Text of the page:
Similarity of Locally Structured Data in Computer Vision
The Solstice ANR is a four year project launched in February 2014 and is funded by the French National Research Agency ANR.
SoLSTiCe is a fundamental research project which aims at designing new models and tools for representing and managing images and videos in order to, e.g., retrieve images or videos which are similar to a query image or video; recognize objects in images; track objects in videos; or detect typical activities in videos. To tackle those applications, a solution is to describe images by global features such as, e.g.,histograms or eigen-features. A major current trend is to use bag-of-visual-words (BoVW) models, the basic idea of which is to extract local features from small image regions so that images are mapped into a vector space of visual words. However, BoVW models as many other global models proposed in the literature, do not integrate structural information such as spatial or temporal relationships holding between local features which hinders their applicability to realistic problems requiring large discriminance. The lack of structural information can be an advantage as it is easier to make the models invariant to a large class of transformations. However, the drawback is their lack of ability to model geometrical and temporal relationships between parts of objects and actions, which is required for complex applications.
In this project we would like to explore locally structured data (LSD), which combine visual features (such as interest points, segmented regions or visual words) with discrete structures (such as strings, trees, combinatorial maps or, more generally, graphs) in order to model local (spatio-temporal) relationships holding between these features. Using LSD for classification, recognition or indexing tasks will bring us to study 3 main issues:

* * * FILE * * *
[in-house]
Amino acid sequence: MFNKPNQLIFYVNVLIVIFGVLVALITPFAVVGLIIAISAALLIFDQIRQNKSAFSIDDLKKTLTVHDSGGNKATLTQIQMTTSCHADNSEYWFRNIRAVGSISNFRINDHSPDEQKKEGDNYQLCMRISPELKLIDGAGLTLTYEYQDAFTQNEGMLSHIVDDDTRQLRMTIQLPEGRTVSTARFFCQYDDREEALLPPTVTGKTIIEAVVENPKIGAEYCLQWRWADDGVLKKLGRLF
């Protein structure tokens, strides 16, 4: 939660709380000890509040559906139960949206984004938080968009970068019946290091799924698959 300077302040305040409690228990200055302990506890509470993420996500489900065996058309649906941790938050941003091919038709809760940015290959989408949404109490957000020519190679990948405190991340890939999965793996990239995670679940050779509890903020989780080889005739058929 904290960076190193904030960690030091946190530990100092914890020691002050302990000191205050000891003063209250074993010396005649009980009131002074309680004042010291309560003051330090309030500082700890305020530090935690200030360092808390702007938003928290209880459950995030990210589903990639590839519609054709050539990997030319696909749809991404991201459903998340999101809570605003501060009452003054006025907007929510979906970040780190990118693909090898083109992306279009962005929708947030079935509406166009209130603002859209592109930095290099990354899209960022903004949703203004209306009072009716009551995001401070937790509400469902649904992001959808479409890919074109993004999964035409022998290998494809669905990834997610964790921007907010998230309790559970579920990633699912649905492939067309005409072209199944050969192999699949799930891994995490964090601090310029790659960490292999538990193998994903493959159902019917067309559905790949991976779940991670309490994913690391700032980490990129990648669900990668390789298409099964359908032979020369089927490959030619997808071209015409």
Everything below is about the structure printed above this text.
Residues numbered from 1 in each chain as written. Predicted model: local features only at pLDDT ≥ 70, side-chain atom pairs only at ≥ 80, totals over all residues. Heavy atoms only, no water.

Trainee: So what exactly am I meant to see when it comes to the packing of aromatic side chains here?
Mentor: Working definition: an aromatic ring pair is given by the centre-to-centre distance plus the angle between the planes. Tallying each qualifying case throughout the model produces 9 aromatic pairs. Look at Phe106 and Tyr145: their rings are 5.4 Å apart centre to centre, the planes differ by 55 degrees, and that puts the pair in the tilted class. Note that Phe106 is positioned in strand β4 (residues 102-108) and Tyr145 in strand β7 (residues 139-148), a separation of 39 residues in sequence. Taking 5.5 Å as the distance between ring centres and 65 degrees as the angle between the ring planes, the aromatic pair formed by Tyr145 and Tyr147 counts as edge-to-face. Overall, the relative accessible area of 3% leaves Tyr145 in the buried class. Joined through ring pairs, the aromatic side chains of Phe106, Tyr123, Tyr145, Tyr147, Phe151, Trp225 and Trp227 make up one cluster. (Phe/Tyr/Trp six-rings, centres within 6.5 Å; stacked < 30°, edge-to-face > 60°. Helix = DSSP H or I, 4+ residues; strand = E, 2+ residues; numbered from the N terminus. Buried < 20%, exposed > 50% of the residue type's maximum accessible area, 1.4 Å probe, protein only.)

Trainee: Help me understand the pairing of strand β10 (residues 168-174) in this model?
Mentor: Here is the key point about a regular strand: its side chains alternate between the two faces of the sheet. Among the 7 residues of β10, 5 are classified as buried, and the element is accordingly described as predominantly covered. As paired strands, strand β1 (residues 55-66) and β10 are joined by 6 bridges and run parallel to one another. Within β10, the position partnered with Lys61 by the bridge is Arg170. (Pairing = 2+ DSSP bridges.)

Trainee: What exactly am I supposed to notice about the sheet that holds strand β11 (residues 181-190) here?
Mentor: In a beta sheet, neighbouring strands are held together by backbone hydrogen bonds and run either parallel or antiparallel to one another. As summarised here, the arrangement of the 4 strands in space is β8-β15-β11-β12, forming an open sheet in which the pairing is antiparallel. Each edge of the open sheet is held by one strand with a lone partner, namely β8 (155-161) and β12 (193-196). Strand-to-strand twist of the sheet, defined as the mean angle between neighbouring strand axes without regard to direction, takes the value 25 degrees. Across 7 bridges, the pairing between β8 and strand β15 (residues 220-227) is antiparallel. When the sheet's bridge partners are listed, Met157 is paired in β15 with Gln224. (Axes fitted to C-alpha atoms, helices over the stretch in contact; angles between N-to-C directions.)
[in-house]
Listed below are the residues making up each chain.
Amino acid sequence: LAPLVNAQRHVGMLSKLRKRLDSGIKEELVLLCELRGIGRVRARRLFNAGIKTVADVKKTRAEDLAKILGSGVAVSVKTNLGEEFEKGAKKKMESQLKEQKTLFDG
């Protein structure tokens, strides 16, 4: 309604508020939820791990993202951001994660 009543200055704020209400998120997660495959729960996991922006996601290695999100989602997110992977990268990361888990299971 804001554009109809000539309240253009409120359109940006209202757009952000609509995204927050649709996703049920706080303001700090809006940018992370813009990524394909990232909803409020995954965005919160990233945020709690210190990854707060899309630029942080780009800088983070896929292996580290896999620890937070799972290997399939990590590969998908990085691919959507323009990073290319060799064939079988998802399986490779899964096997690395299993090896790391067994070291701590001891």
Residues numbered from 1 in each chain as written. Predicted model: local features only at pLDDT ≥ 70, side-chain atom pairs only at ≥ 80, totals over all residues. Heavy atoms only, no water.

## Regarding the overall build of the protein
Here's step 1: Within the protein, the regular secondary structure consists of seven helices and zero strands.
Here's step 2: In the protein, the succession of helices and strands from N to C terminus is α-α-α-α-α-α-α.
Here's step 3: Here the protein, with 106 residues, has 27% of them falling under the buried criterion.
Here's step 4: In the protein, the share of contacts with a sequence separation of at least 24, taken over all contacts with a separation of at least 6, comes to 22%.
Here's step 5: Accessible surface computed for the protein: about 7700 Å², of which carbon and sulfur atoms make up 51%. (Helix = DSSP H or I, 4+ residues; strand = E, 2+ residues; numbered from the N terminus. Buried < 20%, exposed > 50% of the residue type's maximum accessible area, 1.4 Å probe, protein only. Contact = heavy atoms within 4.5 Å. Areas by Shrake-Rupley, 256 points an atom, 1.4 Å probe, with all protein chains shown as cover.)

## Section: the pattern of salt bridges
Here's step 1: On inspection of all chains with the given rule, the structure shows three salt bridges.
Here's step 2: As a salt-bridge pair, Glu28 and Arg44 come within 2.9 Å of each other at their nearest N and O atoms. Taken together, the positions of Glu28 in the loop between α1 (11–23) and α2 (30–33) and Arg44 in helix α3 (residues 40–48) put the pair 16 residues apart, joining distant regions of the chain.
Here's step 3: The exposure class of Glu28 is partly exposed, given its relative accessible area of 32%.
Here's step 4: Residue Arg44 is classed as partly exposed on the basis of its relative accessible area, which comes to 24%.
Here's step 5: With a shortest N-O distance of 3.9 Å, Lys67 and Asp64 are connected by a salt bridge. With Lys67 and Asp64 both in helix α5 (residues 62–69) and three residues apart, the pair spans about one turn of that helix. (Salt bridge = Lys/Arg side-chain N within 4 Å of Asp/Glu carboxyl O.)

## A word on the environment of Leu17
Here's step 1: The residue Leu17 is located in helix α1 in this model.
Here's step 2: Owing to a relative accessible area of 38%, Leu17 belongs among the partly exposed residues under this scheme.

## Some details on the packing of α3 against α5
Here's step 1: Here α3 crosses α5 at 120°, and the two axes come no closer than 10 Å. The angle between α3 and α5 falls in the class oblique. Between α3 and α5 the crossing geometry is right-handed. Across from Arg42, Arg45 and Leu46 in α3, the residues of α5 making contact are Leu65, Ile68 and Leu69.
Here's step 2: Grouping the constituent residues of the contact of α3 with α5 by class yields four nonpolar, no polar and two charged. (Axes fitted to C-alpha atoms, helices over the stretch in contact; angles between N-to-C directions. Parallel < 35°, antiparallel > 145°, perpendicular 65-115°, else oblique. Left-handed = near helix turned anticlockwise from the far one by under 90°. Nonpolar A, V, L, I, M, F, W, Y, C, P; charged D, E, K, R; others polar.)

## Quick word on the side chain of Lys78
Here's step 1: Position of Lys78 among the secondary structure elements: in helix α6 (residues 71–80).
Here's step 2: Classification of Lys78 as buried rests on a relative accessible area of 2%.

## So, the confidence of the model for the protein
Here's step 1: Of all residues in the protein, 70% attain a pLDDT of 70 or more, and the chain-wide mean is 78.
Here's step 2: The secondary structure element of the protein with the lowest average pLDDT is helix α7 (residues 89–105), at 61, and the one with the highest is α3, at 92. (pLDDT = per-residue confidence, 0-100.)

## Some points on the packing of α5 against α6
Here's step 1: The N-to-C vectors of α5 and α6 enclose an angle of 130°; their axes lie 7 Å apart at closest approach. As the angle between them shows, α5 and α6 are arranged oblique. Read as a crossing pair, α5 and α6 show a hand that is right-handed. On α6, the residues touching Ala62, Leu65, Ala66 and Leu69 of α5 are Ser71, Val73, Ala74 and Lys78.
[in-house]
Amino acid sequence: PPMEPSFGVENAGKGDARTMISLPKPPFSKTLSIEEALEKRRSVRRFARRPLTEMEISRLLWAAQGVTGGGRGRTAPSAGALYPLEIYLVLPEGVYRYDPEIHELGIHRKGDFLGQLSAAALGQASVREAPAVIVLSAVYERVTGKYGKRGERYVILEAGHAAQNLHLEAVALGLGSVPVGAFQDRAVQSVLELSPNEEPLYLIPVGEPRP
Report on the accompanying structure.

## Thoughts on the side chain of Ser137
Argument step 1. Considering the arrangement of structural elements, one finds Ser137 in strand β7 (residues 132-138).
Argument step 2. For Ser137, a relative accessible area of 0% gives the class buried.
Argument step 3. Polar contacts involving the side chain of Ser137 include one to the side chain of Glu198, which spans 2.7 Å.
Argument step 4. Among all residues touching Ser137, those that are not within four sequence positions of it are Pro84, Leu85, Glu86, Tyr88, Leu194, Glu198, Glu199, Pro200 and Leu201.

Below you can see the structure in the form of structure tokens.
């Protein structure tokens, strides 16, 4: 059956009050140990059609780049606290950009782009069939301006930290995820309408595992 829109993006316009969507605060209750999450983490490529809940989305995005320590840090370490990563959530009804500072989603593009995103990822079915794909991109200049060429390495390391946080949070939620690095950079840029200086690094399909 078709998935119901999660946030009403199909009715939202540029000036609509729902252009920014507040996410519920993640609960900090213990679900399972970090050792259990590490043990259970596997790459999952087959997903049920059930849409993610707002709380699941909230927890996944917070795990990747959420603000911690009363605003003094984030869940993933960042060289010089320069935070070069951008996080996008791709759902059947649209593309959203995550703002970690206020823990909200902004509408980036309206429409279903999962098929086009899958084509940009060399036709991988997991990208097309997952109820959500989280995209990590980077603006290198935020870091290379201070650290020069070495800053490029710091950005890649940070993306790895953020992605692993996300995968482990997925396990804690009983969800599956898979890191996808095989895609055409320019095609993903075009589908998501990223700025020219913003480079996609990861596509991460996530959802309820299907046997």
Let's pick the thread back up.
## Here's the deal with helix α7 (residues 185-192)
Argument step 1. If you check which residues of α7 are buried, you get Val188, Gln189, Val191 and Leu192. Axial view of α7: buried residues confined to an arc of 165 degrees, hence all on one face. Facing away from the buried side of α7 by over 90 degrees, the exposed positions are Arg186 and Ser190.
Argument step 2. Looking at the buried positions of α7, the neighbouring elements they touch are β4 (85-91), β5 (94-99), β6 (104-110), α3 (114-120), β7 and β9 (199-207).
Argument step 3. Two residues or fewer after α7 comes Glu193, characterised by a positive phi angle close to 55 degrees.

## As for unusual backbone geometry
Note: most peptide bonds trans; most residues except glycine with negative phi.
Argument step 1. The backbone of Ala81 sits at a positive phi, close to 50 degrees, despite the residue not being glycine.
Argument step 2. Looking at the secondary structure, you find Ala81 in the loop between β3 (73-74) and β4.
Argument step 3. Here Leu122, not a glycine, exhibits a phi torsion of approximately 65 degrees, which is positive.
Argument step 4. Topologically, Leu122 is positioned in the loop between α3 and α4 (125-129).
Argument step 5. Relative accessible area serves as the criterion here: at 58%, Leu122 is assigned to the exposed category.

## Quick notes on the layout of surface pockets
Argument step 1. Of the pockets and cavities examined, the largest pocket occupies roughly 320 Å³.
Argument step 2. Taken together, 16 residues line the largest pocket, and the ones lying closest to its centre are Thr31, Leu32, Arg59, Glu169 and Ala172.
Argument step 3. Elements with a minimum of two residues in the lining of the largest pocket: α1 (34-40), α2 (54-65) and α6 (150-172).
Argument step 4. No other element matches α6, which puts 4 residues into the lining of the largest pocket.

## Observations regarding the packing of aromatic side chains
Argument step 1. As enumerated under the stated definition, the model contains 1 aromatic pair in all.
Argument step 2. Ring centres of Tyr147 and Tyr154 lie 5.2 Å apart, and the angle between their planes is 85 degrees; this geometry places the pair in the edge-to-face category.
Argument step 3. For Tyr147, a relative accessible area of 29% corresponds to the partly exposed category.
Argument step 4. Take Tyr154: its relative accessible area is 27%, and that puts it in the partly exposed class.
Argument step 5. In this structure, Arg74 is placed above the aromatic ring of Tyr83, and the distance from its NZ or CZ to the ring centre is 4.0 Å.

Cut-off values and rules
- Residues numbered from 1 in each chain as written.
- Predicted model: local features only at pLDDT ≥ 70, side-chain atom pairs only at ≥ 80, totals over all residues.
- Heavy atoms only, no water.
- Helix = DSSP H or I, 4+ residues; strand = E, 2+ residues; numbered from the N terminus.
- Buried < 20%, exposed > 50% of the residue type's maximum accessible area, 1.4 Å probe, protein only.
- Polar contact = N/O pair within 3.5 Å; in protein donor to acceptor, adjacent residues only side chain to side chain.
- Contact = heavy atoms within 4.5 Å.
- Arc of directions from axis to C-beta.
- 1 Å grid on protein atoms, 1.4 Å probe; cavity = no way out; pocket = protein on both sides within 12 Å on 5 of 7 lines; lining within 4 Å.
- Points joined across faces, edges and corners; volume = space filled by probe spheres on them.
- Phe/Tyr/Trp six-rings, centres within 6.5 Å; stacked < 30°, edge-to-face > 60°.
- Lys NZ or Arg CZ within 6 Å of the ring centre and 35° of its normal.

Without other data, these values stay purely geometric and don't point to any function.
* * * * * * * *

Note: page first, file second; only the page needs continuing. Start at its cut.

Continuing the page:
- Extracting LSD from images and videos: We extract relevant visual features and structure them w.r.t. spatial and temporal relationships.
- Measuring the similarity of LSD: We design relevant similarity measures for comparing LSD, and e_cient algorithms for computing these measures.
- Mining LSD: We characterize LSD by means of frequently (or infrequently) occurring patterns (itemsets, sequences or graphs) and use them to create discriminative features for solving computer vision tasks.
Laboratoire Hubert Curien (LaHC) CNRS UMR 5516. Contact: Elisa Fromont (Elisa dot Fromont at univ-st-etienne dot fr).
Laboratoire d’InfoRmatique en Image et Systèmes d’information (LIRIS) CNRS 5205. Contact: Christine Solnon (christine dot solnon at insa-lyon dot fr)